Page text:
Lava, directed by James Ford Murphy, is a musical short that follows a volcanic island in the middle of the Pacific Ocean (apparently named Uku) in his longing for love. Narrated by song, we learn about Uku watching all the other creatures around him couple up and sings his wishes for a romance of his own. Alone, he begins to sink and lose his volcanism, never knowing that another volcano (Lele) is listening to him from beneath the sea and falling in love.
Pixar’s shorts often display the best of what the studio is doing, showing their developing skills in animation and the beauty of their storytelling. Lava does this in some respects but in a very different way than anything else I’ve seen from them. There is minimal motion on-screen – you’re not following characters running about to complete their story arcs – and the visuals are instead made up mostly of short snapshots that fade in and out as the story is told to you in song. It looks like postcards moving through a slide show. This is just such an interesting departure from the typical Pixar short and I can’t say I dislike it.
My favourite thing about Lava is the song and I’m sure other fans will agree. It’s pretty moving. Though backed only by a ukulele, the lyrics conjure images and feelings in your mind that are far stronger than anything that actually plays on-screen during the short. The song itself has everything that I usually value in a Pixar short: it’s simplicity makes it more emotive. I also love that this musical short is very different than your average Pixar film.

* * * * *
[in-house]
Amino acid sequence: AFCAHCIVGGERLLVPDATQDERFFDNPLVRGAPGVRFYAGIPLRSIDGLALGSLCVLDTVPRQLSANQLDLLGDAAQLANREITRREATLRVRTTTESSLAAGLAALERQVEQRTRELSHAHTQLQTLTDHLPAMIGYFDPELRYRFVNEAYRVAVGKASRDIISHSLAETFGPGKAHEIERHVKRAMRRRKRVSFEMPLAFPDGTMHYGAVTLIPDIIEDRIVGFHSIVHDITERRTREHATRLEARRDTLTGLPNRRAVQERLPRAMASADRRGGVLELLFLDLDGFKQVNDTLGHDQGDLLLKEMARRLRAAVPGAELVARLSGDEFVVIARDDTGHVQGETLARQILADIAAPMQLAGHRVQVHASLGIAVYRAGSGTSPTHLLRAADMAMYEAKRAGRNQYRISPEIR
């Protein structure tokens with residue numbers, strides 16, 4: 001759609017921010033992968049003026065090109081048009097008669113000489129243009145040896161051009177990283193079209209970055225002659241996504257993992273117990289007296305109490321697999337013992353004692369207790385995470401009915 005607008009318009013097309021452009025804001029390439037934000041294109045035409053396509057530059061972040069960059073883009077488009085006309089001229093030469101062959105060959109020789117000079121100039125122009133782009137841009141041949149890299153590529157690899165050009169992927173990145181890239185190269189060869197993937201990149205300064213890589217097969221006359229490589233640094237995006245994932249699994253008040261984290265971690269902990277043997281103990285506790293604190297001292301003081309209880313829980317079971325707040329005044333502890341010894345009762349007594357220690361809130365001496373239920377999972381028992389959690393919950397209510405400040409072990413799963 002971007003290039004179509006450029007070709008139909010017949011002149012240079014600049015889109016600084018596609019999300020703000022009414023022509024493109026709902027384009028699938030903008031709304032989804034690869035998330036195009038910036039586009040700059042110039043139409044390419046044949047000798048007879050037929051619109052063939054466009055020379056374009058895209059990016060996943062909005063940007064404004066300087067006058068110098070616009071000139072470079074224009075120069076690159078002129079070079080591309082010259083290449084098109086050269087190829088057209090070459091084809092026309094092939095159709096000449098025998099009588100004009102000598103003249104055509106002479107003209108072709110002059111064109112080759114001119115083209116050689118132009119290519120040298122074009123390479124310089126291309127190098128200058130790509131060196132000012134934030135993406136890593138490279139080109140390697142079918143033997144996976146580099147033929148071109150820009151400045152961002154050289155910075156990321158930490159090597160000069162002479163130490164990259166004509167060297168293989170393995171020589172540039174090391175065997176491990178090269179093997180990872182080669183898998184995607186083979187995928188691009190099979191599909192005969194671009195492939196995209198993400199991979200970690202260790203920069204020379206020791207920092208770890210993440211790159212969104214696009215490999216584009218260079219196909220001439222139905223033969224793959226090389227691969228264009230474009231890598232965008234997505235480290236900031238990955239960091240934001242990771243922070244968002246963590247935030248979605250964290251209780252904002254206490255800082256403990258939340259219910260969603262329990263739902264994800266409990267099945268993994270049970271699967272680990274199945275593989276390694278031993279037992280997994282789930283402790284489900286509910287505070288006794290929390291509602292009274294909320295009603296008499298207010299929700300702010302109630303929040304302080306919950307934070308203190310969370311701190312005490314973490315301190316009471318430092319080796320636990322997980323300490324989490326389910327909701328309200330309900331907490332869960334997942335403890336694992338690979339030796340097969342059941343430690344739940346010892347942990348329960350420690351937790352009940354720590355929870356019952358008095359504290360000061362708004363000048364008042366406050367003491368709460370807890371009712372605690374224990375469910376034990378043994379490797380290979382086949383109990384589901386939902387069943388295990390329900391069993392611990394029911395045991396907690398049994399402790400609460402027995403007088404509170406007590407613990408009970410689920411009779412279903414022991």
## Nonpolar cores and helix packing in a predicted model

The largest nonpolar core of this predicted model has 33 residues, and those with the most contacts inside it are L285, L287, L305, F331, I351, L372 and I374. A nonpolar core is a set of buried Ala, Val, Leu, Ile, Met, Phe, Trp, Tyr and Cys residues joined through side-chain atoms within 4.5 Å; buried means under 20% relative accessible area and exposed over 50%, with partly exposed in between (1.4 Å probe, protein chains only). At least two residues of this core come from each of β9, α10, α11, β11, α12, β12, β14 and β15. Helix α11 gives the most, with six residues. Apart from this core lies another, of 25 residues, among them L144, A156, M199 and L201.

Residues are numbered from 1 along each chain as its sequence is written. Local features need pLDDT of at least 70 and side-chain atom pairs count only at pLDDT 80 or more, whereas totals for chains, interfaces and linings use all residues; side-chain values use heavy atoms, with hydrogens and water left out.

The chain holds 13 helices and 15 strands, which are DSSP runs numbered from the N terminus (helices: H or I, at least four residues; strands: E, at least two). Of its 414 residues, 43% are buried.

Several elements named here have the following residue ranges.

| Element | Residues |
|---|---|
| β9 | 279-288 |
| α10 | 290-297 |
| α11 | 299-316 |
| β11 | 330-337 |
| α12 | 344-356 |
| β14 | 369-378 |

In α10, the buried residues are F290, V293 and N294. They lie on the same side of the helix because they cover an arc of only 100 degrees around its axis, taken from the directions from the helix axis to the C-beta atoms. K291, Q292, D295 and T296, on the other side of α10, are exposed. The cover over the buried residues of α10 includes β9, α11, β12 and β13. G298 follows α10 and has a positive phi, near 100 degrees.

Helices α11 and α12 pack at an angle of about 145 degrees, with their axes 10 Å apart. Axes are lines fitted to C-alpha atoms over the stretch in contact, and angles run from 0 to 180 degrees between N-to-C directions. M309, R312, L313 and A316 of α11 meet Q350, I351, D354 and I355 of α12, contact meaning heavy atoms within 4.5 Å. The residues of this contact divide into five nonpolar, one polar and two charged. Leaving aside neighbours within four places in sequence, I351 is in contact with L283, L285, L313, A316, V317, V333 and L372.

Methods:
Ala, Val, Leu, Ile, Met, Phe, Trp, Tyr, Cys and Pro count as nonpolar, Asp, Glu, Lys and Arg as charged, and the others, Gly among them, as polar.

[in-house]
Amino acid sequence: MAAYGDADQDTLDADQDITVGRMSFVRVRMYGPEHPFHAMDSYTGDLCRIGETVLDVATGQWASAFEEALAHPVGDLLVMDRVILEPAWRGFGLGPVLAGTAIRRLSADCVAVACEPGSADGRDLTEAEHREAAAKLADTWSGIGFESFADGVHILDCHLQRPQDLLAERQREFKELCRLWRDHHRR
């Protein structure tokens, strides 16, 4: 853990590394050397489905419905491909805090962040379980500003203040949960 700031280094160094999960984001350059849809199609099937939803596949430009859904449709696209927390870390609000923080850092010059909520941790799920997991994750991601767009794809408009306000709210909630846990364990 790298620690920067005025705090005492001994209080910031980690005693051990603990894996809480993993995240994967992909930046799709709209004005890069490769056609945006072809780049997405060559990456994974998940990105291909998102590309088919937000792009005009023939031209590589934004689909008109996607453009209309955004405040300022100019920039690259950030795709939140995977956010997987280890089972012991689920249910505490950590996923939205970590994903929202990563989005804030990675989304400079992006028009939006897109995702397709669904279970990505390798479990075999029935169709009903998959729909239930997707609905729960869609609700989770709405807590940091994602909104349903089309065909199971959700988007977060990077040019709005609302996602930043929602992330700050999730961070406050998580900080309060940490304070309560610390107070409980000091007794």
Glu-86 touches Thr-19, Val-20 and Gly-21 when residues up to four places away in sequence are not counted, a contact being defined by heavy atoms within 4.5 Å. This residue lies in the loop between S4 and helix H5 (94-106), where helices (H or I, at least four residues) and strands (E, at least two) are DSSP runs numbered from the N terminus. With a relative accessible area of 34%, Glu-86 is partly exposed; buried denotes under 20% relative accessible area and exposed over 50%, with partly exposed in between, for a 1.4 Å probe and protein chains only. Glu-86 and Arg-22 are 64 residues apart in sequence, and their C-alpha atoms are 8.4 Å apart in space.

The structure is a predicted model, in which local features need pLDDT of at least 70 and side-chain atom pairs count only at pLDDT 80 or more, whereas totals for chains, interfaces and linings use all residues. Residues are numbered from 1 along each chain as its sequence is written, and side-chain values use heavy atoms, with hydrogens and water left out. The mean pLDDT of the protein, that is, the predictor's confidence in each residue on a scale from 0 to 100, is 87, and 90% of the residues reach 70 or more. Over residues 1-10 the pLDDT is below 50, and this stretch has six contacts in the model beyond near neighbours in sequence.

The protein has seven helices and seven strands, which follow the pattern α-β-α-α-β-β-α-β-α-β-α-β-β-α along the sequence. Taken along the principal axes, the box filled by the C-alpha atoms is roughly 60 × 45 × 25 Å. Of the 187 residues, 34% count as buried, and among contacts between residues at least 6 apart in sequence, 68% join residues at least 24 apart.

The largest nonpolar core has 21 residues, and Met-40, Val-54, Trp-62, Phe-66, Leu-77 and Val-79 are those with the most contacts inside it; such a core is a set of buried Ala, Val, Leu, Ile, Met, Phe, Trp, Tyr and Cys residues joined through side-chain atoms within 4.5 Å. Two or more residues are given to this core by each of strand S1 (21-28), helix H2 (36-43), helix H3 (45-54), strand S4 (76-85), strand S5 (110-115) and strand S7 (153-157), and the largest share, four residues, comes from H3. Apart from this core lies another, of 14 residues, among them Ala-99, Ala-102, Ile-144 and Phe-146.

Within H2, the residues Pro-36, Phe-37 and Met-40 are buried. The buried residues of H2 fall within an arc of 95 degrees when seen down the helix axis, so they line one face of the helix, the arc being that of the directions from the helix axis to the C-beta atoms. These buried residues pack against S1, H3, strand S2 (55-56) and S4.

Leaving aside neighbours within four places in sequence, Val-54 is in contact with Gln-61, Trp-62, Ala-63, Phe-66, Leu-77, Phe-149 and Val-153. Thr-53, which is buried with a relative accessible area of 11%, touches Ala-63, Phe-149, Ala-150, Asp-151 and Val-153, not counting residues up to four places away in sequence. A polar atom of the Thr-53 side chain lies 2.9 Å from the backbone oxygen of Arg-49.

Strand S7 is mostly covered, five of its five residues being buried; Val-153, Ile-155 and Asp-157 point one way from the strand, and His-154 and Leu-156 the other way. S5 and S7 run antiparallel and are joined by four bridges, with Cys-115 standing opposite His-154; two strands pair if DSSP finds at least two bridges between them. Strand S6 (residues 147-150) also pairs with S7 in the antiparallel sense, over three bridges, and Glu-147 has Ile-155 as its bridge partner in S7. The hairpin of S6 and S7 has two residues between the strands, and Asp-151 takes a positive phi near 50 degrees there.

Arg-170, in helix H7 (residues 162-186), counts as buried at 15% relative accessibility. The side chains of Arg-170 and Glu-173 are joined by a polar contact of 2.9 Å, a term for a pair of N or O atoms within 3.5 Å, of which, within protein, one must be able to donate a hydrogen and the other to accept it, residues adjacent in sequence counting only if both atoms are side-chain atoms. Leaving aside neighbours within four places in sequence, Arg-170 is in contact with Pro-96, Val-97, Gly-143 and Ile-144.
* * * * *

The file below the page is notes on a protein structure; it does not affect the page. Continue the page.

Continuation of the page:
This is, however, a double-edged sword. While most Pixar shorts prioritise action and careful animation to tell the story, Lava works completely differently. Everything is told to you through the lyrics of the song and snapshot-style images that go with it. Nothing is really shown that the song doesn’t explain. You could easily close your eyes and just listen to the music to get the story. I can appreciate the experimentation with the traditional expectations of a Pixar short but I also feel a little… frustrated by it? It means that Lava, in a lot of ways, doesn’t feel like a Pixar film.
I also feel that Lava is one of those Pixar shorts that is terribly miss-matched with it’s feature film pair. Coming alongside 2014’s Inside Out, Lava could not be more different in style and them. Inside Out is a fun coming-of-age exploration about dealing with feelings that grow more complex with age in a very cartoon-ish style. Lava is a love story, dealing with quite mature feelings of loneliness and longing, done with almost photo-realistic animation. They don’t go together. I’ve heard of children going in to see the film and becoming distressed because they thought this was the film they were going to see and it was too much for them. Inside Out‘s target audience is fairly young while Lava is definitely more mature.
I love the song from Pixar’s Lava and can appreciate that it was a step in a new direction for the studios short films. Unfortunately I think the lack of action and more grown up themes were perhaps a step too far, especially when paired with the more fun and kid-friendly feature, Inside Out. While the snapshots and lyrics are beautiful, Lava is just a little bit of a let down as a Pixar short.